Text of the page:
A more radical approach to cutting down on smart glasses’ bulk may be to simply take the lens needed to magnify what’s on the display out of the glasses and bring it closer to the eye. A company called Innovega is doing this by developing contact lenses with a tiny bump that serves as a microscope for content that can be streamed from the inside of a pair of glasses. The lenses do nothing when you’re looking at the world around you, but when media is streamed toward your eyes from a projector or display panels built into glasses, it passes through the bump on each contact and comes into focus just in front of the eye. This offers the benefit of showing content to both eyes—and it can stay in focus as you move your eyes.
Innovega showed off an early prototype of its technology streaming high-definition content at the 2014 International Consumer Electronics Show in Las Vegas. They looked a lot like normal—albeit dorky—sunglasses, and CEO Steve Willey says the company is developing a consumer contact lens. It plans to seek approval from the U.S. Food and Drug Administration in 2015.
Even if displays can be made practically invisible and much more energy-efficient, smart glasses will need battery technologies that can hold up to a full day of usage and eliminate the bulging batteries currently connected to Glass.
Getting smart glasses to work all day without a heavy battery probably will require a combination of technologies. Software must be optimized to use power more frugally (already, the Glass team has made progress in this regard). Thin, flexible, printed rechargeable batteries such as the zinc-based ones made by Imprint Energy could be contained in the frames, eliminating some of the bulk typically associated with lithium-ion batteries, which require protective layers due to their sensitivity to oxygen (see “Flexible, Printed Batteries for Wearable Devices”).
In addition, some sort of power harvesting could replenish the batteries throughout the day. A company called Perpetua Power is working on technology that uses body heat to produce electricity; in theory, your smart glasses could extend their battery life with tiny thermoelectric generators on places that touch your skin, such as the bridge or temple. For now, though, Perpetua’s module is much too big: one by two centimeters. And each one can generate only a bit of the power you’d need to run even a fitness-tracking wristband. Perpetua’s bracelet-like prototypes include eight to 10 modules.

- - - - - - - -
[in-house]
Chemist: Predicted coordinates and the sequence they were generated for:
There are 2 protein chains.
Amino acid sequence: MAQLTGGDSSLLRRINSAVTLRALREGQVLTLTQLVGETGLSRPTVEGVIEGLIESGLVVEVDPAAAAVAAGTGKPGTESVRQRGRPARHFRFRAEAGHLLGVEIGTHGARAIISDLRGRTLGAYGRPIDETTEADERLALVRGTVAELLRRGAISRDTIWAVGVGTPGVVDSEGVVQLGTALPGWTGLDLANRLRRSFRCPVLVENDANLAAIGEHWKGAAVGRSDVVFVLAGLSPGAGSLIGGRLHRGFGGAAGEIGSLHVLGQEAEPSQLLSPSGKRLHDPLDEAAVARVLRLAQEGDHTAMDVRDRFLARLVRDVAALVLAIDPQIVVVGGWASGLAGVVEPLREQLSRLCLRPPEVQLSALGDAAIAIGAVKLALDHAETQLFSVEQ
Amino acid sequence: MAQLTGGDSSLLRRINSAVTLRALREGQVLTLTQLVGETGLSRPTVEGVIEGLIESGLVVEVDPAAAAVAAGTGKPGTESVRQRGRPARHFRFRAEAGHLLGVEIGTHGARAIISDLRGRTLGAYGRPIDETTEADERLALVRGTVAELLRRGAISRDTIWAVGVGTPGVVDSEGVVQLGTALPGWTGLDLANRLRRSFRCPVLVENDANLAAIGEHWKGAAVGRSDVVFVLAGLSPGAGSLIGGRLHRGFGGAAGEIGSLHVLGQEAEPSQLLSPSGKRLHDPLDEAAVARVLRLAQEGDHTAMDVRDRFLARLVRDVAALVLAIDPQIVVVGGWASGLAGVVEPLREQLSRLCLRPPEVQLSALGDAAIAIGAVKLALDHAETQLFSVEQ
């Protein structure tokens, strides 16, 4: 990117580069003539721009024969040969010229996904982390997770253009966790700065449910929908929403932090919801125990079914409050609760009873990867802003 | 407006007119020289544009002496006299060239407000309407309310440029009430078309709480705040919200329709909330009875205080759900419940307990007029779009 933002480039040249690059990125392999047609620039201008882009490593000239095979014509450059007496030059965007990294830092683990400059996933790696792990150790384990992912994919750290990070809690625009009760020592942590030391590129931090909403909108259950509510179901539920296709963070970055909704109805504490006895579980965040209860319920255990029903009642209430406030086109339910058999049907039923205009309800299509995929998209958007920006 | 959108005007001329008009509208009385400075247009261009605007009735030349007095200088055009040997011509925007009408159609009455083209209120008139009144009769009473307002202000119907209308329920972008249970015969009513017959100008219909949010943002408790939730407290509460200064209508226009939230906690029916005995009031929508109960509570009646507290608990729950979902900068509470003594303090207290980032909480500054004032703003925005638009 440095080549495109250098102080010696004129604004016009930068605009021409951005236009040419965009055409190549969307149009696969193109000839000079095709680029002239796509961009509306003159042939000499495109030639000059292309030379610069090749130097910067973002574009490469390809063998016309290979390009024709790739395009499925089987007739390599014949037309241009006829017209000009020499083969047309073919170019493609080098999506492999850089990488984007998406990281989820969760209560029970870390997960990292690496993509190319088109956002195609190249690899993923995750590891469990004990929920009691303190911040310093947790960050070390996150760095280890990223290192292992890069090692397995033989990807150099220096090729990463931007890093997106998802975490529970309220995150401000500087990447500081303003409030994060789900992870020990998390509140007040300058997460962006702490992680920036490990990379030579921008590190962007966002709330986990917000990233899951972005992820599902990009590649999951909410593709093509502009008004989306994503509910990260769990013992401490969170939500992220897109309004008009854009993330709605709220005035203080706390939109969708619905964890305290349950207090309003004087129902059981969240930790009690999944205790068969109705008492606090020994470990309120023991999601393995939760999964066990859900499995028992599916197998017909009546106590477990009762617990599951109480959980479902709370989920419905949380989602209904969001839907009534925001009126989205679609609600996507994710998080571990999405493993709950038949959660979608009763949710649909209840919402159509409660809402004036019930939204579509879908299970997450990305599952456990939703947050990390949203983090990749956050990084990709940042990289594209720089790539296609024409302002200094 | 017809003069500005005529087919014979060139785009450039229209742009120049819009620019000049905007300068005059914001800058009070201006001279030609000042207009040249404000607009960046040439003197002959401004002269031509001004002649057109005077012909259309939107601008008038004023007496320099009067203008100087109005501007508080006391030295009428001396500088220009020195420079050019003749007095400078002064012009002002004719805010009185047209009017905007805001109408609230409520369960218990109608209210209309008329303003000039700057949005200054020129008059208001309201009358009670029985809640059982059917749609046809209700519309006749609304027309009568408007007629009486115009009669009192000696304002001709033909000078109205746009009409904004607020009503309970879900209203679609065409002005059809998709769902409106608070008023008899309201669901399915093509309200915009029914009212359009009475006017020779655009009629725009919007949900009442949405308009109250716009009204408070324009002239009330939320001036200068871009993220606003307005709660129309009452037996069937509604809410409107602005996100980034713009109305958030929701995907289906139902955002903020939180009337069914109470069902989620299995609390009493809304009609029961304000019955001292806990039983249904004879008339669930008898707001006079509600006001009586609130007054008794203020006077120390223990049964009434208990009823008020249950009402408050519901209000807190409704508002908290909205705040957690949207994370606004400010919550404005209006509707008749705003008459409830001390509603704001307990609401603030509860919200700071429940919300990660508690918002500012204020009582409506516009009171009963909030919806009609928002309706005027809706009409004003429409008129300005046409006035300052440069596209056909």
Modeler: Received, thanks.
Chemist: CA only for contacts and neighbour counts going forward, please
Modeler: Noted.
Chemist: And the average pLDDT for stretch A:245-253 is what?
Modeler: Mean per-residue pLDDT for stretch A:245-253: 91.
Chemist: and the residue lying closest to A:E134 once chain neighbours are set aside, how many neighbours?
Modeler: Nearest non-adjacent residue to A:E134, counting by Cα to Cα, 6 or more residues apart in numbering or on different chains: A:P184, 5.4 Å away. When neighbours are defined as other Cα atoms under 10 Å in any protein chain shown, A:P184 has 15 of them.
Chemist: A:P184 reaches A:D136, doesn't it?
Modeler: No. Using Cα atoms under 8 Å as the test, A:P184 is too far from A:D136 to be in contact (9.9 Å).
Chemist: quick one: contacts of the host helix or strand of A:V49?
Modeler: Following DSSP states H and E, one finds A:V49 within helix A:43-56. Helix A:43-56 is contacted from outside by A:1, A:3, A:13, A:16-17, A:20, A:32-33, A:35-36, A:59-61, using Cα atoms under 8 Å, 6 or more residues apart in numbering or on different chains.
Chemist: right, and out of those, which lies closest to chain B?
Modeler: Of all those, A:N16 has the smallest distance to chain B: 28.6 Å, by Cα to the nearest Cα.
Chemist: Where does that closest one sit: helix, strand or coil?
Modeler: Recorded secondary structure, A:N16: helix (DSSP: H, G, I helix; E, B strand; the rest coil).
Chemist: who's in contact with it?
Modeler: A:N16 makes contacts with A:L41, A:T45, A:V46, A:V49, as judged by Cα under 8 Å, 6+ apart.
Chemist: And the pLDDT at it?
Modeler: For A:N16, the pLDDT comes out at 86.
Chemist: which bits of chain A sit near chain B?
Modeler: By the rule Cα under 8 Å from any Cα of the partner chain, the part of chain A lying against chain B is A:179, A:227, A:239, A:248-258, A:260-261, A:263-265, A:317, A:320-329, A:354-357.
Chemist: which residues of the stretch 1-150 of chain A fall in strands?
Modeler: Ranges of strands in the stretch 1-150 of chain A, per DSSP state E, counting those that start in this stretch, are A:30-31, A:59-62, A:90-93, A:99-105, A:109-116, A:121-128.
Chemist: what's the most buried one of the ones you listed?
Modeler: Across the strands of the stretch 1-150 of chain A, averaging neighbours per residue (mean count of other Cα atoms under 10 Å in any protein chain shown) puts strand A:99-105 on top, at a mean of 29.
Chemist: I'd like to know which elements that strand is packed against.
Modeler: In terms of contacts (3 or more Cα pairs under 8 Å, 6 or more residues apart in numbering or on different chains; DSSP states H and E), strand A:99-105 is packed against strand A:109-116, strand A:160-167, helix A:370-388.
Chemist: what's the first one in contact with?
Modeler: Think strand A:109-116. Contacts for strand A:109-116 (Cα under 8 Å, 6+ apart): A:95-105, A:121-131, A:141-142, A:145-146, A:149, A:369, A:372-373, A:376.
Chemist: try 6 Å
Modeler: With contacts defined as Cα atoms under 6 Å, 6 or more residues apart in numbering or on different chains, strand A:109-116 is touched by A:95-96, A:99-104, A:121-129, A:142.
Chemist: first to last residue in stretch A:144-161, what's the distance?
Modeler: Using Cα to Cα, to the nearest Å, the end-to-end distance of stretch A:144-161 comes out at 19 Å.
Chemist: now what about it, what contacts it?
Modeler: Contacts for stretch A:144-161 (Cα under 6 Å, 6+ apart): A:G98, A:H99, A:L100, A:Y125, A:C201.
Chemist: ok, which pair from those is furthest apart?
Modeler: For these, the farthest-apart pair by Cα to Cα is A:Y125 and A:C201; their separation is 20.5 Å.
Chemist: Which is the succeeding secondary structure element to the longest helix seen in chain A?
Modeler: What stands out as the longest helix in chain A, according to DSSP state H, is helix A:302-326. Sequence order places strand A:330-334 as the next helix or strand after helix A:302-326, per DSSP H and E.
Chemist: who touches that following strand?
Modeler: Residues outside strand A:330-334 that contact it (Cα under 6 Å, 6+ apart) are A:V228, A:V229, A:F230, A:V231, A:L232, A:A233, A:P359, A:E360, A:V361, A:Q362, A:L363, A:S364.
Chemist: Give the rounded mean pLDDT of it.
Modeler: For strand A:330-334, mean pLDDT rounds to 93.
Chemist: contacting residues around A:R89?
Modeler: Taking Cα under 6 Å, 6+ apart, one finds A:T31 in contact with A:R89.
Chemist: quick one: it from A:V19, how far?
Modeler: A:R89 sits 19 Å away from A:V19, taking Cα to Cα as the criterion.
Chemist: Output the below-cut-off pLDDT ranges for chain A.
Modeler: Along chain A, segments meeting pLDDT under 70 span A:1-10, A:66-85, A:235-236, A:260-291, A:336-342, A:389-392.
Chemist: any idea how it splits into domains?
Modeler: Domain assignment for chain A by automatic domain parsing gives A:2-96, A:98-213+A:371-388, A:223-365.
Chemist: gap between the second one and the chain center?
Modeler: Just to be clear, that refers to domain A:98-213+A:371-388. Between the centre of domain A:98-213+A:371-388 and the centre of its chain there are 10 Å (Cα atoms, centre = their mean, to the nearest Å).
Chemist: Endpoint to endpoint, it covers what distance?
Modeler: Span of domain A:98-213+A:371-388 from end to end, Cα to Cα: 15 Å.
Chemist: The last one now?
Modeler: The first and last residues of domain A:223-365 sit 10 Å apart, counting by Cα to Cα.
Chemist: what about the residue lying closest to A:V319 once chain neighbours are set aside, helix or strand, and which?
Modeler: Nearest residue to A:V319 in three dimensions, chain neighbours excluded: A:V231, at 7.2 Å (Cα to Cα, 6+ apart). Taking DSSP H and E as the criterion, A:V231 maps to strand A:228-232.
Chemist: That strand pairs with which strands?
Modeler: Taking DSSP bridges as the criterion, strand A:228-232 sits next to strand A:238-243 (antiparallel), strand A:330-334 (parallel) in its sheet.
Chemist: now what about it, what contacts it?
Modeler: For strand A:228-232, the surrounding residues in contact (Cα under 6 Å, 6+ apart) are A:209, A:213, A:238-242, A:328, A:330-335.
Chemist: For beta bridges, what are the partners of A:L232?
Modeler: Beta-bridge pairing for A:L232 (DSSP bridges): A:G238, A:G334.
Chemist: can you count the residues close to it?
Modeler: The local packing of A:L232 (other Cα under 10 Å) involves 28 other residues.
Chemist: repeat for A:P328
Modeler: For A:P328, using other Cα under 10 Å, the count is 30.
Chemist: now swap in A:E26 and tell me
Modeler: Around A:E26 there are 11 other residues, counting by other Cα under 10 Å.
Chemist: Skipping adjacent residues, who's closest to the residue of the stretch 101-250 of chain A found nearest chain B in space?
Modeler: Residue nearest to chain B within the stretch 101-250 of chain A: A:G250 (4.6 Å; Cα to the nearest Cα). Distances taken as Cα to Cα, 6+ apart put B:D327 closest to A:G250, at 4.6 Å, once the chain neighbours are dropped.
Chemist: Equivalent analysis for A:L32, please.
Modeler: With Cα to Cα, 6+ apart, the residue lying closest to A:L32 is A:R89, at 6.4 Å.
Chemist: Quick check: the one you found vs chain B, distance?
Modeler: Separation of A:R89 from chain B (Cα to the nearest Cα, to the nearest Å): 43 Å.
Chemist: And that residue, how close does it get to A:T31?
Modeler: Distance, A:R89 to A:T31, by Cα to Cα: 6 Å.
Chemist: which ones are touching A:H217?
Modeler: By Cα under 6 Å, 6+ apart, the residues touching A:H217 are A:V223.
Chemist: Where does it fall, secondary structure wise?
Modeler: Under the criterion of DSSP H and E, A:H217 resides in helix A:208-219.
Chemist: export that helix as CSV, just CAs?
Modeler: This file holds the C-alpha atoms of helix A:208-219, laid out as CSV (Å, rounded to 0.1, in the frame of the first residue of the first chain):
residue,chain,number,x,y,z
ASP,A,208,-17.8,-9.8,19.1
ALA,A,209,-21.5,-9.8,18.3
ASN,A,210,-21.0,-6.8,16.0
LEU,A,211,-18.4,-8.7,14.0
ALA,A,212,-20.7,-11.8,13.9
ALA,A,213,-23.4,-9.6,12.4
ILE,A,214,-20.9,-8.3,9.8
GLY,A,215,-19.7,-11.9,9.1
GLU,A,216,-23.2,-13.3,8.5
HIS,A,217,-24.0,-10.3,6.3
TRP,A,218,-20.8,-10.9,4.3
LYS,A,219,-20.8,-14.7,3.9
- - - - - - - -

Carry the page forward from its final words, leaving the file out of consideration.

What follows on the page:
Where We Are
Google has tried hard to make Glass more fashionable. It formed a partnership with the world’s largest eyeglass maker, Luxottica Group, whose brands include Ray-Ban and Oakley. It cozied up to designer Diane von Furstenberg, who designed a Glass frame and aviator-style shades that come in hues like “shiny lagoon” and “rose gold flash.”
Speaking on the sidelines of a Google-hosted design conference in San Francisco in November, Isabelle Olsson, the lead designer for Glass, said that while Google is always trying to make Glass as sleek as possible, getting people to wear a head-up display comes down to giving them cool frames and colors to choose from. She said the prospect of having more fashionable options “sounds kind of banal in a way” but is even more important than miniaturizing the technology. “If you can pick the frame that you would normally pick and that you’re normally comfortable with, it’s going to look more like you,” said Olsson, who wore a matte black Glass during our conversation.
I didn’t expect Olsson to speak ill of Glass; she works for Google, after all, and like a number of people at the company, Glass is her baby. She has managed to bring it miles from where it was when she started at Google in 2011: a prototype she described as a scuba mask with a phone attached to it and cables running to a backpack.
But she’s wrong about stylish frames being enough to lure more users. As long as there’s still obviously a computer sitting on the middle of your face, it’s going to be distracting and a non-starter for most people. Stylish frames can’t fix that, unless the technology dissolves into the frame.
I do agree with Olsson on one point, though: it’s a numbers game. The more people out there wearing these things, she reasons, the more normal it will seem. After all, even regular glasses, which have been around in various forms for over 700 years, didn’t become fashionable until the last century.
© 2014 MIT Technology Review